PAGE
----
"To play things right, as is needed in the world right now, we were tested for the Coronavirus, and were found to be positive," Hanks reveals to fans. "We Hanks’ will be tested, observed, and isolated for as long as public health and safety requires."
NBA Suspends the Season After Player Tests Positive for COVID-19
Just as the Hanks news is bouncing around the internet and on people's phones, the NBA announces it is suspending its season until further notice after a Utah Jazz player tests positive.
The test result is reported shortly before tipoff for the Utah at Oklahoma City game. Officials inform the team coaches that the game has been canceled and players on the floor warming up are told to return to their locker rooms.
Meanwhile, confused spectators at Chesapeake Energy Arena in Oklahoma aren't immediately aware of the cancellation. As officials mull over how to break the news, singer Frankie J, who was slated to perform during halftime, puts on a show. As he walks off the court, fans are told the game has been postponed "due to unforeseen circumstances."
"The NBA is suspending game play following the conclusion of tonight’s schedule of games until further notice," the league said in a statement sent shortly after 9:30 p.m. ET. "The NBA will use this hiatus to determine next steps for moving forward in regard to the coronavirus pandemic."
Trump Bans Foreign Travelers From Europe for 30 Days
After downplaying the threat of the virus for days, President Trump announces from the Oval Office that he is sharply restricting European passenger travel to the U.S. and moving to ease the pandemic's economic costs.
In his prime-time address, Trump declares that he is cutting off travel from 26 European nations, except the United Kingdom, to the U.S. beginning at midnight on March 13. The month-long restrictions won't apply U.S. citizens, green card holders or the family of U.S. citizens. Trump says the U.S. would monitor the situation to determine if travel could be reopened earlier.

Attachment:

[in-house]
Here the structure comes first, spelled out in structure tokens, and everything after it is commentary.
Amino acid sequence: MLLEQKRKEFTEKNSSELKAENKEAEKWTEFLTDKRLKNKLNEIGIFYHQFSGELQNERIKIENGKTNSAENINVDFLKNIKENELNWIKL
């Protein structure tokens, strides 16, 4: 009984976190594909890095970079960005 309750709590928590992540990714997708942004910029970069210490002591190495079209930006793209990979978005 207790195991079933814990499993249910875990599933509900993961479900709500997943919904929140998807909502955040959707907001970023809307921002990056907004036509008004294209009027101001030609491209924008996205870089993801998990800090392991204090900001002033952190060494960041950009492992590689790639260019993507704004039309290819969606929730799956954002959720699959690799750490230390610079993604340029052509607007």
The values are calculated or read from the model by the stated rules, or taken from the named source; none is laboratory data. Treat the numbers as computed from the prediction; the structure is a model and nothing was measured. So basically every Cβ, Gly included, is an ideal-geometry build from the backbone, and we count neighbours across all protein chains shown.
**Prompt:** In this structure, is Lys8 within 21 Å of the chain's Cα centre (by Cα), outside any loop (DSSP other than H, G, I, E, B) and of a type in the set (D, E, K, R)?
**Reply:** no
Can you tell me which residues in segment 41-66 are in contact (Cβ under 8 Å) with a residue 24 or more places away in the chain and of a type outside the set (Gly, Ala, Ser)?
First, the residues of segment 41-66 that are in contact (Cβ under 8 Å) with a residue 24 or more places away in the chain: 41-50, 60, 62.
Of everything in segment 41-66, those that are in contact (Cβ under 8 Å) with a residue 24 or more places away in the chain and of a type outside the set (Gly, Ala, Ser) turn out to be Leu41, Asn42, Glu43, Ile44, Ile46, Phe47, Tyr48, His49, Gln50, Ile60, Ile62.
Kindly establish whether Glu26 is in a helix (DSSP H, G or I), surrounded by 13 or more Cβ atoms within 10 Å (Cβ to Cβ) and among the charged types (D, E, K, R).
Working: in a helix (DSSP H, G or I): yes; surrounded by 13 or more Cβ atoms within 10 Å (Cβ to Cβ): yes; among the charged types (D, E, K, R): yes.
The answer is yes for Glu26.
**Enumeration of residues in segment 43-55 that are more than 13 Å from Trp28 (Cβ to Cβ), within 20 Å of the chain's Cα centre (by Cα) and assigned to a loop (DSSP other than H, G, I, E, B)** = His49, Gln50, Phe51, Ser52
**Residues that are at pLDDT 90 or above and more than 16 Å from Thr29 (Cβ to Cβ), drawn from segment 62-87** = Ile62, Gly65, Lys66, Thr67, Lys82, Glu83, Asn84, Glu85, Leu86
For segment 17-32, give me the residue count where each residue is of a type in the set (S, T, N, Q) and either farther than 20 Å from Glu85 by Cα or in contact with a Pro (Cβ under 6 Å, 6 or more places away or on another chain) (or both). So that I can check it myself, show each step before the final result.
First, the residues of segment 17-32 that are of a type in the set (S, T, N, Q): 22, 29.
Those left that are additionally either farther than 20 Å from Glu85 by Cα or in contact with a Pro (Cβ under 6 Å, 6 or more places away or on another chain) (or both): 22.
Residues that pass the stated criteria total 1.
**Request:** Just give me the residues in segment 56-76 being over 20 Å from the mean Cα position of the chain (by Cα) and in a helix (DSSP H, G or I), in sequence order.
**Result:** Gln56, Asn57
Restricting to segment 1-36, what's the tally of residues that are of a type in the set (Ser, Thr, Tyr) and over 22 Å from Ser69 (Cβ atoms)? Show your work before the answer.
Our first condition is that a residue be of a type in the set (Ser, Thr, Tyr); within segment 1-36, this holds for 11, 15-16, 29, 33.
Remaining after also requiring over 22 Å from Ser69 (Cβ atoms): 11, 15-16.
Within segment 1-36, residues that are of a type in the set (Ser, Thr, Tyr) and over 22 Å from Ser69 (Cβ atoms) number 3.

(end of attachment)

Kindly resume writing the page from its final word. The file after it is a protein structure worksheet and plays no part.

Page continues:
"We are all in this together," Trump says.
After a Pandemic Year of Isolation, Hope Is on the Horizon
The Day That Changed Us All: A Year of COVID-19 in Photos
Twelve months later, more than 531,000 Americans have died of COVID-19 and 29 million have been diagnosed with the virus. The resulting shutdowns have roiled the U.S. economy, with roughly four in 10 Americans saying they’re still feeling the financial impact of the loss of a job or income within their household as the economic recovery remains uneven one year into the coronavirus pandemic, according to a new Associated Press-NORC Center for Public Affairs Research poll.
While no one foresaw the long road ahead, or the many ways in which they would suffer — the deaths and ruined economies, the disrupted lives and near-universal loneliness and isolation — many are now looking toward the light at the end of the tunnel thanks to vaccines developed at rapid speed. And in a first step toward resuming some normal activities, the Centers for Disease Control and Prevention announced this week that fully vaccinated Americans can gather with other vaccinated people indoors without wearing a mask or social distancing.